Aurora OKs sale of recreational marijuana

Chicago Tribune 0 month ago

Aurora is in.

The Aurora City Council voted 9-1 this week for a zoning amendment that will allow dispensaries to sell recreational marijuana in the city when it becomes legal statewide on Jan. 1.

Mayor Richard Irvin said after the meeting he expects a proposal for a dispensary site in the city by the end of the year, in anticipation of when the state can start issuing licenses after the new year.

While Aurora would not necessarily be eligible for a license right away, it could get a proposal from an existing medical marijuana dispensary company from another city. North Aurora, St. Charles and Naperville all have medical marijuana dispensaries, and the state law allows each of them a “plus-one” license - one recreational license in addition to their medical one - that they can use in any town that has made marijuana sales legal within their boundaries.

Also, there will be new licenses eventually allowed by the state - Irvin said city officials have heard the legislature is looking at 110 new licenses by 2021 - although there will be only 47 total allowed in a wide area roughly between Aurora, Naperville and Elgin.

The Aurora law passed this week would impose a limit of four licenses, with two reserved for social equity applications. Language adopted by the council would try to spread dispensaries around the city, not clumping them in one area or along one street.

“This was long overdue,” said Ald. Emmanuel Llamas, 1st Ward, an Aurora native, on passage of the new zoning law. “As someone who grew up in a community that was affected by the war on drugs and continues to be affected by the war on drugs, continuing that outdated policy is only going to hurt our community, our city, even more than it already has. This is one way to undo that damage.”

Ald. Sherman Jenkins, at large, said “something had to be done.”

“We could not continue to put our head in the sand,” he said.

“It’s really more a question of, how do you not opt in - based on the fiscal responsibility we have as a community, based on what the state of Illinois has already done to make it legal,” said Ald. Carl Franco, 5th Ward.

The lone vote against the zoning change was Ald. Robert O’Connor, at large, who said he thought the state law was done too quickly with a “charge ahead mentality” that failed to give enough time to some issues. In particular, he said more time should have been spent on law enforcement issues, and that the state process “didn’t take enough time to consider what negatives there could be.”

He added that the change in law “should not be based solely on the fact it’s going to make money.”

“For a number of factors, I don’t think this is the best way to proceed,” O’Connor said.

Aurora officials and the mayor’s office have been considering how to handle the new state law since it was passed earlier this year. Their proposal became public in late September, and the City Council has been considering it - through public hearings and the planning process - for all of October.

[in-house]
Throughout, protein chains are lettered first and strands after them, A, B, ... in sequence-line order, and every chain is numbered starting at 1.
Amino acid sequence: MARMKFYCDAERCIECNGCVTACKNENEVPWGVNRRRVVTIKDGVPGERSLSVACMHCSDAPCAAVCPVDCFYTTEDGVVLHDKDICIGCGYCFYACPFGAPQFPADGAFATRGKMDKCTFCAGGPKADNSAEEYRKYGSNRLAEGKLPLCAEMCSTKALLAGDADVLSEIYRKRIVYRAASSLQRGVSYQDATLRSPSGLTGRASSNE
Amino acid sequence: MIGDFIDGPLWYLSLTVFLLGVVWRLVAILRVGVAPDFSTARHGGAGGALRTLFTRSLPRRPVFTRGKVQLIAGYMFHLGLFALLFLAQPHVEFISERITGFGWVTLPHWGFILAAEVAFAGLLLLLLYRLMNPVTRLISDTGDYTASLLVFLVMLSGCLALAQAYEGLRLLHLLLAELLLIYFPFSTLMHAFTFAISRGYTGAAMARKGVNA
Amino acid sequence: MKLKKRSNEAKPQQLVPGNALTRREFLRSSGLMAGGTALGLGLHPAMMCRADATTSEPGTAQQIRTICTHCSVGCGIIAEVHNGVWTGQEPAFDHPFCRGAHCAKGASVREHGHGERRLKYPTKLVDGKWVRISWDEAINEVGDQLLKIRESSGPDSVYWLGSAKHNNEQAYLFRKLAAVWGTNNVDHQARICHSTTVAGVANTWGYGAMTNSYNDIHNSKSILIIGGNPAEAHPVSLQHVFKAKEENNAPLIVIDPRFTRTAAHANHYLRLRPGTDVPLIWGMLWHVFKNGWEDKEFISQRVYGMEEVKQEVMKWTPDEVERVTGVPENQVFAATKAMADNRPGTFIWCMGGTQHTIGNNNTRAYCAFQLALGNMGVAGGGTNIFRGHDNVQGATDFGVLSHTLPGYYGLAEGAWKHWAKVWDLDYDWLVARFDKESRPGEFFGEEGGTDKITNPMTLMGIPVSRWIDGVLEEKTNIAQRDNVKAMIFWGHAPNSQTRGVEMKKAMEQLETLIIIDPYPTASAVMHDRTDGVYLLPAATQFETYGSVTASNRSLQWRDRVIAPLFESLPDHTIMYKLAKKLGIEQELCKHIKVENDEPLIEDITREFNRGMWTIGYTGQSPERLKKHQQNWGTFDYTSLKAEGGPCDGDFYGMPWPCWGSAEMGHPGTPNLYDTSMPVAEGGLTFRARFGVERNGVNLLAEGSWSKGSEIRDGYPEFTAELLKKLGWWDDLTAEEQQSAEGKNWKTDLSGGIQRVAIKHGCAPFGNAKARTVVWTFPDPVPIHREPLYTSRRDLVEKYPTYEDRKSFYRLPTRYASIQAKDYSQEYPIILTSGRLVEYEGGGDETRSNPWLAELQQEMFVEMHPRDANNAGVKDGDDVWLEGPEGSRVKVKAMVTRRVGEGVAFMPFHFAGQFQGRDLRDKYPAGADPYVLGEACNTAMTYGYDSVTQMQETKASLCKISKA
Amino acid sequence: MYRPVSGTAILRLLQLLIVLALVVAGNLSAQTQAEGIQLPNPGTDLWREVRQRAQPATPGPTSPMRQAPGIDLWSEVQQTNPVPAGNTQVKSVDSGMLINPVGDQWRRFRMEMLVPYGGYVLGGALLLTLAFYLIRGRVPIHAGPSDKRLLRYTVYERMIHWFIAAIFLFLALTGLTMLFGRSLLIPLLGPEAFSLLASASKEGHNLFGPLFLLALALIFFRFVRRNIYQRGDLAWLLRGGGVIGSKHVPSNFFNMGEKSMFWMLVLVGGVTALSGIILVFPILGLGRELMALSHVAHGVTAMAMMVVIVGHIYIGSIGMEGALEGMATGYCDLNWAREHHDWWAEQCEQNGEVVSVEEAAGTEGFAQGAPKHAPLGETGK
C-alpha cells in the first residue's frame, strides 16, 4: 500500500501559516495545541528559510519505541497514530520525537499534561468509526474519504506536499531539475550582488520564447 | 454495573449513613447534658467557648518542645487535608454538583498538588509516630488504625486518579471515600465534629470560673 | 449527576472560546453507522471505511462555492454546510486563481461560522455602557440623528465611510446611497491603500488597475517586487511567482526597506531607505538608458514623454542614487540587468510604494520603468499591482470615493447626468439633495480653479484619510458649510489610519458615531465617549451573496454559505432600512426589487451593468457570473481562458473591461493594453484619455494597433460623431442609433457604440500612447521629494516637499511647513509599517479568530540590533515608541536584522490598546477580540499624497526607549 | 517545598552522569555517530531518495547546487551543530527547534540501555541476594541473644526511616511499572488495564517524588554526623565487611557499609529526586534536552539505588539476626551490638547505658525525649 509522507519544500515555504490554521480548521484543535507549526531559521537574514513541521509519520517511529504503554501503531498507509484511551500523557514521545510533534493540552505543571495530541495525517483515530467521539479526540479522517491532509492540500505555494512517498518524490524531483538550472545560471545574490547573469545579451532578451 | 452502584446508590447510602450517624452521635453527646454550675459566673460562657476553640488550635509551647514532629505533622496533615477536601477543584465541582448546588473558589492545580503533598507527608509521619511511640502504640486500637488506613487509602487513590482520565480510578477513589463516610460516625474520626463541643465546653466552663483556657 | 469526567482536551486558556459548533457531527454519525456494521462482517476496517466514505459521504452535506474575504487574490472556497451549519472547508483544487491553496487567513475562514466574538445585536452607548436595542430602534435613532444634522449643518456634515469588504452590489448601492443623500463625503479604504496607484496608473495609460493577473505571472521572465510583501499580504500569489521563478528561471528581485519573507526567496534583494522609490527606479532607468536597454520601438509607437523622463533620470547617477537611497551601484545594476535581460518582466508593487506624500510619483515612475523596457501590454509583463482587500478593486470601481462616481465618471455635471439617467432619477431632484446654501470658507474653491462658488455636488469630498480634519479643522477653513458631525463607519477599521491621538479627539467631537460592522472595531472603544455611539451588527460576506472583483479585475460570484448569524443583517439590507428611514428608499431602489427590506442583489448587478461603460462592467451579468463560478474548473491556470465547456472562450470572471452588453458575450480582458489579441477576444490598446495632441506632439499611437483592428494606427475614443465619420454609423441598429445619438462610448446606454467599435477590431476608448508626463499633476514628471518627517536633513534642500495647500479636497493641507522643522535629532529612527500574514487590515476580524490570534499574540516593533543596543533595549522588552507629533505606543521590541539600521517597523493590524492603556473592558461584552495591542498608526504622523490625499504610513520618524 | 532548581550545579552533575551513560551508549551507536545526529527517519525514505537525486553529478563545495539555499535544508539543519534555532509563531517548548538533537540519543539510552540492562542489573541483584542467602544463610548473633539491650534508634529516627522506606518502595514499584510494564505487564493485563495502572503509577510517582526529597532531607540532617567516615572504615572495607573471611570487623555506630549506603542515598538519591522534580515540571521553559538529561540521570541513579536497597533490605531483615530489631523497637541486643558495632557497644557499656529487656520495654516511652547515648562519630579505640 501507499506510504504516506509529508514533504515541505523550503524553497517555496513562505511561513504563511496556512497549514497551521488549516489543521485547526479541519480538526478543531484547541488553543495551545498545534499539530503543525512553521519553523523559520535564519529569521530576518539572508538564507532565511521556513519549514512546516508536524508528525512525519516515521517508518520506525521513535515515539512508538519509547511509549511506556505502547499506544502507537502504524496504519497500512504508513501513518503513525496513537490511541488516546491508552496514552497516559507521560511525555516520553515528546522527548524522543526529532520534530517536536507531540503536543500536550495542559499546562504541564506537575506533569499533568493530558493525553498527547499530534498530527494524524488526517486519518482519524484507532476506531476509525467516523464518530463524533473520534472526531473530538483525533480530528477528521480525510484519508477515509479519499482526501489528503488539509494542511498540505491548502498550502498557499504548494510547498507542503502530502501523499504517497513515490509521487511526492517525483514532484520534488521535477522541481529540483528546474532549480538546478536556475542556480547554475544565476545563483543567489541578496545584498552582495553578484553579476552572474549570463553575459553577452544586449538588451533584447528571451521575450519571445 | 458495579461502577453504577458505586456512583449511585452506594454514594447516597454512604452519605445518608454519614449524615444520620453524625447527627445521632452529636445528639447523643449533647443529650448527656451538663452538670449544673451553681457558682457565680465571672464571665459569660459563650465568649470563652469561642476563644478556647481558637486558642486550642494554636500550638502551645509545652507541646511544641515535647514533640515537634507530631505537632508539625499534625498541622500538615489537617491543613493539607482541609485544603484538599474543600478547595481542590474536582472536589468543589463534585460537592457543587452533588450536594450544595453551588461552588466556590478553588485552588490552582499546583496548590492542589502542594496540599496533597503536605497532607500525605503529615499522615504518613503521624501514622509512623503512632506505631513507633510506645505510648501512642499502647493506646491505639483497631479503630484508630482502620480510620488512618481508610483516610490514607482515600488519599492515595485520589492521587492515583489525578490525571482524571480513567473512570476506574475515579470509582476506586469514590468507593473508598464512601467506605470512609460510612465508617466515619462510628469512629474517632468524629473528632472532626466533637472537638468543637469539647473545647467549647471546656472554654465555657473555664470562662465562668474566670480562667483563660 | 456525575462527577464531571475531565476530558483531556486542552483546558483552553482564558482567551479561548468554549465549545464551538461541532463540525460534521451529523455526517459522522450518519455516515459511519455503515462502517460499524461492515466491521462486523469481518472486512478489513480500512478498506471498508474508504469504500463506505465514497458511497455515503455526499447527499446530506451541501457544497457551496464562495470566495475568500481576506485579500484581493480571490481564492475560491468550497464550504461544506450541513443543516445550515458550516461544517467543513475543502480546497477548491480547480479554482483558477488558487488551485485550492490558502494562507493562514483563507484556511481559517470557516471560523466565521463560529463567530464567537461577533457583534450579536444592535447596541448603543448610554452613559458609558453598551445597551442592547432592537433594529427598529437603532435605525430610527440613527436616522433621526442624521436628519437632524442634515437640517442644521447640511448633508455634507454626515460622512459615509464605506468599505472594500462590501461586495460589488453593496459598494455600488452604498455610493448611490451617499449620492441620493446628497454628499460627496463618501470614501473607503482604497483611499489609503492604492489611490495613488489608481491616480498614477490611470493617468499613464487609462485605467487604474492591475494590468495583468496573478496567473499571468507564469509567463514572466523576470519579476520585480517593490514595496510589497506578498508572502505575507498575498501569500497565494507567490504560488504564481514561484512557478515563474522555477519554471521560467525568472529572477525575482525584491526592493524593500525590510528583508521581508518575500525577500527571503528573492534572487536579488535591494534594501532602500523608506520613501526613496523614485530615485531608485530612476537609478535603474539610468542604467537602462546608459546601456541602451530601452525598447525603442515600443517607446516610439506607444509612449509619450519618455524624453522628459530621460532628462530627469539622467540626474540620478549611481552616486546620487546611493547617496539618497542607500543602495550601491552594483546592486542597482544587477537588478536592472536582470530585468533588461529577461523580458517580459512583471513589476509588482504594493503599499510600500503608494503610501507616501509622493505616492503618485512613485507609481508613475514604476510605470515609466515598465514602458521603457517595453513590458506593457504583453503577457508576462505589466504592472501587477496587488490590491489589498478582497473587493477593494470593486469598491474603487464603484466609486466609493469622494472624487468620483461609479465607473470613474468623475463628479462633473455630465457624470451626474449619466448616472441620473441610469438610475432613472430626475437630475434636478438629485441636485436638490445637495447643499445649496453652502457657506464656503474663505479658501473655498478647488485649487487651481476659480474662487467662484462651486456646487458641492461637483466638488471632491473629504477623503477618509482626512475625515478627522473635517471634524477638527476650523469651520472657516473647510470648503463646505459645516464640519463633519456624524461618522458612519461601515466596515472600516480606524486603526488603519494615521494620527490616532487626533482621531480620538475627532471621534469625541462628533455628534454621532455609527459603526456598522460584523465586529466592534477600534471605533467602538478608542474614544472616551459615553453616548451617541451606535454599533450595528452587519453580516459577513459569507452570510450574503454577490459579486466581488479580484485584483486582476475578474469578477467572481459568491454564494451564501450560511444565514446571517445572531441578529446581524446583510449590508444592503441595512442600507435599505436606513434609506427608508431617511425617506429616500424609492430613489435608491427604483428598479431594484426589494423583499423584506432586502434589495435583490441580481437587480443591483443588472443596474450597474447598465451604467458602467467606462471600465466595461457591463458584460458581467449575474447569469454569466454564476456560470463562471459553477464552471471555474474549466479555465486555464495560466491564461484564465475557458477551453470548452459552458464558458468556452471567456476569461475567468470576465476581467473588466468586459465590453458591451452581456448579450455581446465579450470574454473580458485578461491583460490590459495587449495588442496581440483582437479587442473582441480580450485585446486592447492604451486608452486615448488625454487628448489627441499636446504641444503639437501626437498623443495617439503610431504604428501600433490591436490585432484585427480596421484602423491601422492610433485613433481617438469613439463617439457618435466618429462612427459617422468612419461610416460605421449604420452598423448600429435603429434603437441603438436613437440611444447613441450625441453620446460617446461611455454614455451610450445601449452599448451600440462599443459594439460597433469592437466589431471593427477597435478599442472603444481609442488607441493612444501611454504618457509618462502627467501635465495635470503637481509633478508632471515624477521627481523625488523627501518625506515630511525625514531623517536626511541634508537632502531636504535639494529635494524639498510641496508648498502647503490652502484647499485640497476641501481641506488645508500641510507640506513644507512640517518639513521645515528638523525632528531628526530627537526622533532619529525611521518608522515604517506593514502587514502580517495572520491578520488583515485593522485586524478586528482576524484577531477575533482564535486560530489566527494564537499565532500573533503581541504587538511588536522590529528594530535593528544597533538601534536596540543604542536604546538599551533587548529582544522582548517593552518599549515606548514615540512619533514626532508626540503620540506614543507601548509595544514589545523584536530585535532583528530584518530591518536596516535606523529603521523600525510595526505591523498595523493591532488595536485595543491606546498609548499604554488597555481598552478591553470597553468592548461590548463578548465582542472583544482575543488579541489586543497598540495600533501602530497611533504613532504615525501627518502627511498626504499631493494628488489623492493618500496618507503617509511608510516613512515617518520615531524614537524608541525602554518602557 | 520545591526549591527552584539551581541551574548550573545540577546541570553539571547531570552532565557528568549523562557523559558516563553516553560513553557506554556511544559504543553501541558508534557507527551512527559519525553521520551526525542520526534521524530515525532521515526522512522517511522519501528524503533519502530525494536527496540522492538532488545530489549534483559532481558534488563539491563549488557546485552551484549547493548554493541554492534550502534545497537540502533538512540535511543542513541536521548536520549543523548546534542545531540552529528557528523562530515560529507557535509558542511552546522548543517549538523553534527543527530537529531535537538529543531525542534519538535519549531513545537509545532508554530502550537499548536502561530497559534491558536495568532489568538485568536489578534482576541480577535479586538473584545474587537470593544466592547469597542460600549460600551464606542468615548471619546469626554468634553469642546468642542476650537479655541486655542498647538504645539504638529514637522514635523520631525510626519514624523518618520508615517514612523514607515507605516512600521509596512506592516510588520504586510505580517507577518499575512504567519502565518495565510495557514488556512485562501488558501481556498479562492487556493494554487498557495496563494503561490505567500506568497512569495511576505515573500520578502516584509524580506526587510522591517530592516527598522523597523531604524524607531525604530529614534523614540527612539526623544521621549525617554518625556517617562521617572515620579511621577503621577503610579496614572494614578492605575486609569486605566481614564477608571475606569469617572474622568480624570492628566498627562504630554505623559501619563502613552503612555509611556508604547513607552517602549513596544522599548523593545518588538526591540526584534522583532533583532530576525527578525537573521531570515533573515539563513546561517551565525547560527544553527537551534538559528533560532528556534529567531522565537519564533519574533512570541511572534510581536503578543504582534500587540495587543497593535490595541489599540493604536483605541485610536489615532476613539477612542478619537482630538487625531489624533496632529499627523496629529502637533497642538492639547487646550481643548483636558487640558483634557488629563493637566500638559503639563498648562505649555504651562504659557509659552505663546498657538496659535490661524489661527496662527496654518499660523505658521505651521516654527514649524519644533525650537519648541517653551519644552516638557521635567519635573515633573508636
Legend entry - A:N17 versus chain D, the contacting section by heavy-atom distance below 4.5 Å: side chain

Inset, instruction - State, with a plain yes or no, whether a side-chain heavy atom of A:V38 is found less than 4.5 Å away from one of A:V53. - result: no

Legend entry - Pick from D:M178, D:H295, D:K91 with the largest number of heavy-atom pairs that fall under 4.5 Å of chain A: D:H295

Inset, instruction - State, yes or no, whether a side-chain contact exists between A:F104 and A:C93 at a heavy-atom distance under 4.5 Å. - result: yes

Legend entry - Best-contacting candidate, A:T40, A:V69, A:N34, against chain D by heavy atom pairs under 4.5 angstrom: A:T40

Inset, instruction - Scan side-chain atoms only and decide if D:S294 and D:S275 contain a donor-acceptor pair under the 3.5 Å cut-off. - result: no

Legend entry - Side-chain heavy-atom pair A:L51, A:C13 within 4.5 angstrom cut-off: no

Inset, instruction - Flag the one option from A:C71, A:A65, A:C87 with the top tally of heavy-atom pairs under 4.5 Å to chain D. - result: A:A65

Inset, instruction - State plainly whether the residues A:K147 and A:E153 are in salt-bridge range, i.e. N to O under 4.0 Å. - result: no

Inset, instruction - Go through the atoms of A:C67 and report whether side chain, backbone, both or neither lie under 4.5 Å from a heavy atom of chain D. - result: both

Hashing out the law continued right up to Tuesday night, when the council considered five amendments to the new zoning change, passing four of them.

One of the amendments, moved by Jenkins, was to take language out of the proposal that would limit social equity applications to be located only in the social equity zone drawn up by the state. Jenkins and some other aldermen said they thought that would unfairly limit the number of locations available to social equity applicants. Meanwhile, the other two applications could locate anywhere in the city allowed by the new zoning law.

Under Jenkins’ amendment, a social equity applicant would not be mandated to locate in the zone, but could get extra points toward its application if it did locate there. The zone, as delineated in the state law, covers a wide area of the near East and West Sides, particularly in the central and southern parts of the city.

That amendment passed 8-2, but a second amendment proposed by Jenkins to try to avoid a “clumping” of dispensaries along one street, or in one area, passed by a closer 6-4 vote. Jenkins proposed that language in the new zoning law put a 1 1/2-mile minimum space between dispensaries, and not allow any two dispensaries on the same arterial street.

The language already said dispensaries could only be located on arterials, which are the city’s main and busiest streets. But Jenkins, backed by the mayor on this point, said he did not want to see them all along one highway.

“We don’t want all four along Route 59,” said Irvin.

While most aldermen agreed with the 1 1/2-mile limit, some disagreed with the limit on arterials. Franco pointed out that a street like Galena Boulevard, for instance, runs though a good part of the East Side and West Side. He said there could be dispensaries on New York Street on the far East Side and downtown - on the same arterial, but in different parts of town.

Irvin and the city staff pointed out that all licenses would be subject to gaining a special use, so review on each specific one, as well as a public hearing, would be necessary.

“It will be up to our staff to ensure these are spread out," Irvin said.

Aldermen also passed an amendment that would not allow a dispensary next door to a daycare center in a strip mall, and also one to include language that is in the state law about dispensaries having ventilation systems.

Aldermen tied 5-5 on an amendment to change the minimum space between a school and a dispensary from 750 feet to 1,000 feet, proposed by Ald. Patty Smith, 8th Ward. Irvin broke the tie with a no vote, meaning the minimum distance remained at 750 feet.

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